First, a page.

As former President Trump navigates indictments and looks to 2024, he has announced he will not sign the Republican National Committee pledge to support whoever is the eventual Republican nominee. In an interview, Trump said, “I can name three or four people that I wouldn’t support for president, so right there, there’s a problem right there.” Signing the pledge is one of the RNC requirements for appearing on the debate stage, though Trump has not indicated whether or not he plans to participate. When asked his feelings on his status in the Republican primary field, Trump offered, “If you have a 20-stroke lead going into the 18th hole, you tend not to be that worried.”
Senator Joe Manchin, a Democrat (for now) from West Virginia has indicated he is considering leaving the Party. Manchin said, “The brand has become so bad. The ‘D’ brand and ‘R’ brand. In West Virginia, the ‘D’ brand because it’s nationally bad. It’s not the Democrats in West Virginia. It’s the Democrats in Washington or the Washington policies of the Democrats.” His comments come amid the backdrop of a potential third-party bid for President which he has not ruled out. The popular Republican Governor of West Virginia, Jim Justice, announced earlier this summer he is running for Senate, making Manchin’s road to reelection in deep-red West Virginia even more difficult.
Finally… farewell to Robby Roberston, lead guitarist for ‘The Band’ who passed away last week at 80. Check out one of the legendary performances in rock and roll history: The Band in the Last Waltz here.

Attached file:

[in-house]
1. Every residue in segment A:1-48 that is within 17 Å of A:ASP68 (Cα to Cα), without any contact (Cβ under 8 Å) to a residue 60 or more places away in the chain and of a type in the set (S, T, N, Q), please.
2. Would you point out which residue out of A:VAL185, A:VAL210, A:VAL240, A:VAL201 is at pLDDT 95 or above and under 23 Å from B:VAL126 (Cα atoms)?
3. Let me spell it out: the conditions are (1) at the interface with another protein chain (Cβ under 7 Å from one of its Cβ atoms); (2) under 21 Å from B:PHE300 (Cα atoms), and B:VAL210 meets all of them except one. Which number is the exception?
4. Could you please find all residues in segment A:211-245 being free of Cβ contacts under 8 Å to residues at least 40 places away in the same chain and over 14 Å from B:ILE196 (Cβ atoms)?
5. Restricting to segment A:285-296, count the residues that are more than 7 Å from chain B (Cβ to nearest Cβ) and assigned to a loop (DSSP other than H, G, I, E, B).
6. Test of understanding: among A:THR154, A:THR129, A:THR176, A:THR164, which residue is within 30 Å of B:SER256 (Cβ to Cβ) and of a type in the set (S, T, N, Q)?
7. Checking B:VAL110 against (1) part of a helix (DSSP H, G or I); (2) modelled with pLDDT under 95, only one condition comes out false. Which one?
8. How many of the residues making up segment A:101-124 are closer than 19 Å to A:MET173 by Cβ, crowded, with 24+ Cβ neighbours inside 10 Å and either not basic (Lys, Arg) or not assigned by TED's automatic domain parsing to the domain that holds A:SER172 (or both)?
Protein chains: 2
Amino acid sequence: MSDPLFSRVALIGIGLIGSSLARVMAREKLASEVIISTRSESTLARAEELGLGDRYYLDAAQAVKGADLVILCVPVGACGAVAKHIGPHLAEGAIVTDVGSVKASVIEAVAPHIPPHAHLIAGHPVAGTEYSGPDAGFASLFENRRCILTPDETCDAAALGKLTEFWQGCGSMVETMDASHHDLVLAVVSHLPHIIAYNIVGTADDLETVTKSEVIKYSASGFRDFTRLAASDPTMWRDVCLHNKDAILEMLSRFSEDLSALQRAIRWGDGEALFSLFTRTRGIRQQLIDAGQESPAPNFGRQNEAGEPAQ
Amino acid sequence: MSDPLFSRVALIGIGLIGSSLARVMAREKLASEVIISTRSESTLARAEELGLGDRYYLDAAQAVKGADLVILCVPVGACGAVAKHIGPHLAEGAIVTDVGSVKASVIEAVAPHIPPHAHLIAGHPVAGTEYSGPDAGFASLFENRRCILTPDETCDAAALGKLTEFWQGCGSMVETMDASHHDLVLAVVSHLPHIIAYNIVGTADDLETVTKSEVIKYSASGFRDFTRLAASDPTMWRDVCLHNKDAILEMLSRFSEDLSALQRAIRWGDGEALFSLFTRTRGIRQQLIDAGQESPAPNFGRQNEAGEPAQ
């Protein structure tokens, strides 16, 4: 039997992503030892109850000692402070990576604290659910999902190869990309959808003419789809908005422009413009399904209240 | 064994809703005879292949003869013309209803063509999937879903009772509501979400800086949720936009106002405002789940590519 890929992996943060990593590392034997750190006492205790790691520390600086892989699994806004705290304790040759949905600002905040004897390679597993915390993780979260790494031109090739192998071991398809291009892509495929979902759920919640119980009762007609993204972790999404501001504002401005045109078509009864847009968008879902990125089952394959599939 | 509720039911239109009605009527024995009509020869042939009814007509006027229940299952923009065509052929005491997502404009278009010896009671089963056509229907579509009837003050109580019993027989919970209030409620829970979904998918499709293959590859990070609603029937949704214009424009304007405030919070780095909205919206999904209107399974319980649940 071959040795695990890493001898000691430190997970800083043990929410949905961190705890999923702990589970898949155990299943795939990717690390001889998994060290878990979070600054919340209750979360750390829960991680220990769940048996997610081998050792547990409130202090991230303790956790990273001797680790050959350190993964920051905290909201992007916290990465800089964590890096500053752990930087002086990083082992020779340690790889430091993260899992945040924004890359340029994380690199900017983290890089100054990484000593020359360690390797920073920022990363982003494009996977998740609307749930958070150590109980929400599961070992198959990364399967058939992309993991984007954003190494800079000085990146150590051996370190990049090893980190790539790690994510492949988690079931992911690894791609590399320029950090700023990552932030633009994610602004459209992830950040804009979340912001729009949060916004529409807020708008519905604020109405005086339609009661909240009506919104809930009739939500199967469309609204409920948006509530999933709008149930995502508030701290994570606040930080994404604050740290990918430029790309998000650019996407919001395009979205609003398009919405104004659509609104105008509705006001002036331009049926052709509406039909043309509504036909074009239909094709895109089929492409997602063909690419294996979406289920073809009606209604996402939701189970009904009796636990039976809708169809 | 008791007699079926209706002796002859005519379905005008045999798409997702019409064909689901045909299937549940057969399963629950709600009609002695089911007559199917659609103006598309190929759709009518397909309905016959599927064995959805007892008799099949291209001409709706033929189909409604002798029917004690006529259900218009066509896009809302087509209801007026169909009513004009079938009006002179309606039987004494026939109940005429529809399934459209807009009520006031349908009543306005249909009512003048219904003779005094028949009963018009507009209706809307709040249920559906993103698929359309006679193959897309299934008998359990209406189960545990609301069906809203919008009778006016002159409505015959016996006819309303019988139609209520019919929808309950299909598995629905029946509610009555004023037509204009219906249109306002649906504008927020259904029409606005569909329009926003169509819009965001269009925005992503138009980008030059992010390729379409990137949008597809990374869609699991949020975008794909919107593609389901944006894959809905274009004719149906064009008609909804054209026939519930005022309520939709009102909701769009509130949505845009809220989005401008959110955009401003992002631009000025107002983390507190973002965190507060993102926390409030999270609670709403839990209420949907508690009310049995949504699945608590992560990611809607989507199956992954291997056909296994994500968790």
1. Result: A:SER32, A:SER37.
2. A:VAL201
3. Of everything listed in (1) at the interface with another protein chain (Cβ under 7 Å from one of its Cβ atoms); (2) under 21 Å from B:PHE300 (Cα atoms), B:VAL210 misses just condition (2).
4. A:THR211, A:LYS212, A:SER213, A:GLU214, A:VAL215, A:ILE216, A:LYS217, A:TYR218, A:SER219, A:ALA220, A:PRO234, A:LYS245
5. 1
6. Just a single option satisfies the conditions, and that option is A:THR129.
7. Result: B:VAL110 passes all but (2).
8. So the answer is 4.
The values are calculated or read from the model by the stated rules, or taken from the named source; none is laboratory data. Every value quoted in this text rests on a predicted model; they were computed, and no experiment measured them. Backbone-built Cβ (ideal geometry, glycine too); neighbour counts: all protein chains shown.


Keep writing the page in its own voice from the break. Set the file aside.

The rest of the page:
Catch up on our latest podcast episodes “From the Lobby with Jack O’Donnell.”
Our Alec Lewis is at the mic with elected officials & those vying to become elected officials.
🎙️ Nodesia Hernandez & Linda Ervin, Onondaga County Legislature
🎙️ Kevindaryán Luján, Orange County Legislature
🎙️Jake Scheiner, Nassau County Legislature
🎙️Westchester County Executive George Latimer
State Senator Iwen Chu was elected in November 2022 to represent the new 17th State Senate District, which includes the neighborhoods of Sunset Park, Bensonhurst, Bath Beach, Bay Ridge, Dyker Heights, and Kensington.
Born and raised in Taiwan, Senator Chu came to New York with the drive to pursue the American Dream. She has dedicated herself to the communities of southern Brooklyn and planted roots with her husband and daughter in Dyker Heights.
Senator Chu was a local community journalist focused on amplifying the issues and stories of the Asian American and Pacific Islander community before working in the NYS Assembly for ten years with Assembly Member Peter Abbate Jr.
Senator Chu’s dedication to community service included many years serving as a member of local Community Board, Community Education Council, a Board Director of local healthcare center, and as a community partner for the NYPD 68th precinct.
Her priorities in the Senate include better quality of education, immigrant rights and justice, affordable housing, mental health care and public safety.
OD&A In The News
Governor Hochul Announces Nation-Leading Cybersecurity Strategy
Governor Kathy Hochul has unveiled the State’s first-ever cybersecurity strategy to help protect government agencies, as well as the private sector and nonprofits across NY from becoming victims of this growing digital crime. “Our interconnected world demands an interconnected defense leveraging every resource available,” Governor Hochul said. “This strategy sets forth a nation-leading blueprint to ensure New York State stands ready and resilient in the face of cyber threats.” [Read more.]